In 2001, after practicing law in New York since his graduation, Steve Lichtman, ’95, chucked it all and lit out for Hollywood to follow the dream he had nurtured since childhood: writing for television.
“I had some college friends who had achieved a little success in television, so I sent them some sample scripts I’d written and asked them if they thought I’d be crazy to give up my legal career to come out to L.A. to try to make it as a writer. They all said, ‘Yes, but come anyway.’ So I did.”
After a frustrating initial period—“You think you’ve grabbed the brass ring, but then you find out that it only gets you onto the next merry-go-round,” as he puts it—Lichtman enjoyed some encouraging successes. He sold two law-based pilot episodes that didn’t quite make it onto television screens, and then he worked for a while as a staff writer at a show that was canceled.
His Law School experiences helped him considerably. The first pilot he sold featured a mob-busting U.S. Attorney based on his classmate Greg Andres. The second drew on his wife’s work at a civil rights law firm. His wife, Kathleen Salvaty, graduated from the Law School in 1996; they met in Martha Nussbaum’s course, Law and Literature.
Today Lichtman is a staff writer for Eli Stone, an ABC show that premiered earlier this year. Stone is a hugely successful corporate lawyer with a few complicated problems. For one thing, his cases regularly raise moral dilemmas that cause him to wonder whether he’s on the right side of things. For another, he has visions, which quite often involve the singer George Michael.
Stone doesn’t know if he’s just a little unbalanced (he has a brain aneurysm) or if he’s a prophet assigned to correct the world’s injustices. This season’s shows have tackled, among other things, the possible connection between childhood immunizations and autism, the human toll of the war in Iraq, and the steroid scandals in major-league baseball.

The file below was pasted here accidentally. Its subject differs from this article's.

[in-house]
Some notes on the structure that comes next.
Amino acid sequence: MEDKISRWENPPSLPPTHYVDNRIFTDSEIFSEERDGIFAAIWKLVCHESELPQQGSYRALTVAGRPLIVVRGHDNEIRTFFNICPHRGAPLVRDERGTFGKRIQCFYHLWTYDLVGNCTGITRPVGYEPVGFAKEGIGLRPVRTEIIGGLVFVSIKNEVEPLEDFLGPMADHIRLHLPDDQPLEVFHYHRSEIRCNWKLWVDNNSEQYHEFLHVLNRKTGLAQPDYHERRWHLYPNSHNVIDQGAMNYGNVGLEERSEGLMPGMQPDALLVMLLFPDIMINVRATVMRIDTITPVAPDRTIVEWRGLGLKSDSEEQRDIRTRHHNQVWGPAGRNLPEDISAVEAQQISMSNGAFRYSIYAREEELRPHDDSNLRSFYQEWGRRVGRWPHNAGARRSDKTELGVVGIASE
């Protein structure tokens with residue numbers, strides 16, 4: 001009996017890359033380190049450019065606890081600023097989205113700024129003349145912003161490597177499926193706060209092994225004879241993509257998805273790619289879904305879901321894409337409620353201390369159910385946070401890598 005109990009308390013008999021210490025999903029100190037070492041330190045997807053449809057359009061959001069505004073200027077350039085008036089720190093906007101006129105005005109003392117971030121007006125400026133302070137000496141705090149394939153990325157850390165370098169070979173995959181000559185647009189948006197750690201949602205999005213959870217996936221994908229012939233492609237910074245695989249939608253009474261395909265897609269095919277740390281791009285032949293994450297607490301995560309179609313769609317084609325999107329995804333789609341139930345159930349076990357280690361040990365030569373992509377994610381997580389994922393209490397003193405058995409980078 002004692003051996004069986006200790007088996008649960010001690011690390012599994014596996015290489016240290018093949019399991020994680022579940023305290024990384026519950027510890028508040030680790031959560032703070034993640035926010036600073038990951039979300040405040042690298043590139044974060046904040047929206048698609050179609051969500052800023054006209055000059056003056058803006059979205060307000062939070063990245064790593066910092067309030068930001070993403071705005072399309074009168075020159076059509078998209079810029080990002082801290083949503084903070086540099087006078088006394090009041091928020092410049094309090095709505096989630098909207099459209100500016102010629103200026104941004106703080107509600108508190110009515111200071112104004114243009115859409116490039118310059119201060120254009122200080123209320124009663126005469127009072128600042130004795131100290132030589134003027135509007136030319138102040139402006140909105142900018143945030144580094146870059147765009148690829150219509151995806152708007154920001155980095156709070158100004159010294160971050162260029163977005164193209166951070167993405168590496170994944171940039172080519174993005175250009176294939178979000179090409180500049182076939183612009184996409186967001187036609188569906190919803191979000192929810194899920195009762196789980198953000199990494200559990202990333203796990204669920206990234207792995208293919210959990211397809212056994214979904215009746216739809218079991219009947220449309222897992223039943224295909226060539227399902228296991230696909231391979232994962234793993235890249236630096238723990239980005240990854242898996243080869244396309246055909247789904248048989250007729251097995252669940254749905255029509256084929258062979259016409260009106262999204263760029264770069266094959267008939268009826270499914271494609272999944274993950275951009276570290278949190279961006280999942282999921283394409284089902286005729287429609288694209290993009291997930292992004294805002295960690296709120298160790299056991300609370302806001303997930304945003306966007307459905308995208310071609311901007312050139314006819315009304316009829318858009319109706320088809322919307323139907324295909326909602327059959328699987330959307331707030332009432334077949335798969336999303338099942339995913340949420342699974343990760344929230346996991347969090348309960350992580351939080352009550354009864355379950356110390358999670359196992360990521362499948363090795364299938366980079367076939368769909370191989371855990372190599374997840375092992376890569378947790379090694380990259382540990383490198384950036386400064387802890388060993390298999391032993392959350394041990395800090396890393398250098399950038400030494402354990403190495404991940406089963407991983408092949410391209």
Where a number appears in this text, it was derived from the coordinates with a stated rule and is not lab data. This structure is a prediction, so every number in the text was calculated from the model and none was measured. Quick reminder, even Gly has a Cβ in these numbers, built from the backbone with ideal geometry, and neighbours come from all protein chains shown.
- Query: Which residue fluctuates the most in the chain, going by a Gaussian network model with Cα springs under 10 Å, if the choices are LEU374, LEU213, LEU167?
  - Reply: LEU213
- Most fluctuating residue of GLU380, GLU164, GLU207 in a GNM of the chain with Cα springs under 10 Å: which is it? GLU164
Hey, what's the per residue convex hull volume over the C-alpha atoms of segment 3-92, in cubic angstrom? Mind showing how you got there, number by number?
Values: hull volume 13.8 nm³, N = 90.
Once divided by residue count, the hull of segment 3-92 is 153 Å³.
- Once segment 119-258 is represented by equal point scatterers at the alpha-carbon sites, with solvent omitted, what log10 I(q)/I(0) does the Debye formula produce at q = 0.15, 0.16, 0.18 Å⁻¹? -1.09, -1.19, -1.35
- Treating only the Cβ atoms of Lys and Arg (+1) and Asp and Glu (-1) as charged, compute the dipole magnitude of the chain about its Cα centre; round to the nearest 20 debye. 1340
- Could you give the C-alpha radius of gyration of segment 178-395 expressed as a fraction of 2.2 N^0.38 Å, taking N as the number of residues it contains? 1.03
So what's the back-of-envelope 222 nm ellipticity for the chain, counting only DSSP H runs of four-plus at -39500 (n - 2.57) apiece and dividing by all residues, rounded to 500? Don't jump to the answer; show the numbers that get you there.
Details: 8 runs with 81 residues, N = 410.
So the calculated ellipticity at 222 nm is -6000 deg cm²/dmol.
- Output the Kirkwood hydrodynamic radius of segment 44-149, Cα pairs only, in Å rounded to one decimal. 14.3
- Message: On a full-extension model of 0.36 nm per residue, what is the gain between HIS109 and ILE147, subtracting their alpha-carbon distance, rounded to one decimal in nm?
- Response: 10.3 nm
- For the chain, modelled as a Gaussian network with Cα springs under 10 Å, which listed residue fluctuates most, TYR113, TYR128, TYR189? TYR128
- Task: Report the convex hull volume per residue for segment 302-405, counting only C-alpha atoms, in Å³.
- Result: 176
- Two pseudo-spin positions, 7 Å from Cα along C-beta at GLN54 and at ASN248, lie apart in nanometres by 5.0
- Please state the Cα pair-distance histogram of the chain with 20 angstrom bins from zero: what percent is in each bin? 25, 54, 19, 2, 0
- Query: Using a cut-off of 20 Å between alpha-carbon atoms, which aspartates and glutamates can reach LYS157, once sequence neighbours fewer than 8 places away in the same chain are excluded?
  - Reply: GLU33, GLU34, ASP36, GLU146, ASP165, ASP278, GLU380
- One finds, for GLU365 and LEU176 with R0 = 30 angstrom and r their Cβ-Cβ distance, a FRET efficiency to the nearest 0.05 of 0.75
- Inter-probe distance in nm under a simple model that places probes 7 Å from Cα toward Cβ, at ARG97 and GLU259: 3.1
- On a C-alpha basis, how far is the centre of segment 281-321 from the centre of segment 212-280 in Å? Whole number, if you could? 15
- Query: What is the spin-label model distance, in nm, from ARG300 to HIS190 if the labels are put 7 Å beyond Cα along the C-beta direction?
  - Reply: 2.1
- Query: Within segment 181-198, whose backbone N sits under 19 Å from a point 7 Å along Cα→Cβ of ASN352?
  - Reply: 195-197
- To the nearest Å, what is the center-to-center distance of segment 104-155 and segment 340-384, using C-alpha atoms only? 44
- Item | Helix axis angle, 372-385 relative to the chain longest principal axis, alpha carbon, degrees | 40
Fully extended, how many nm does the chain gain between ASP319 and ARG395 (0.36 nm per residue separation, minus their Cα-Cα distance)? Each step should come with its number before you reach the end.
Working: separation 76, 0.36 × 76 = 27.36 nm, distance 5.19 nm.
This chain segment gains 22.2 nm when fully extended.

“I always remember a central point that Professor Nussbaum emphasized in the Law and Literature course,” Lichtman reflects. “It was that we shouldn’t discount or discard our emotions in approaching legal questions. What she was saying is at the heart of what we are doing: showing the emotional truths at the heart of cases, not just the legal truths.”
Reviewers have responded positively, with the Chicago Tribune crediting the show with “a great deal of wit, skill, and earnestness,” and Entertainment Weekly magazine calling it “charmingly witty” and “solid as a rock.” Over ten million people watched the premiere episode, which topped all its competitors in the prized 18-to-49-year-old demographic.
For Lichtman, it’s all gravy. “Even if things hadn’t worked out this well for me, I always would have been happy to have taken my shot at doing what I loved. Now, watching my words turn into productions that are enjoyed by millions of people is an astonishing, completely gratifying experience. I get to make some good drama, the cast is amazing, and the producers have stellar track records, so we might stick around for a while,” he says.
The lengthy writers’ strike, which found him walking a picket line for several hours every day, gave him more time to spend with his children, Jane and Frank, but when it was settled he was glad to turn back to another important relationship. He says, “Eli Stone is a very interesting guy. I hope my life will be tangled up with his on a daily basis for many years to come.”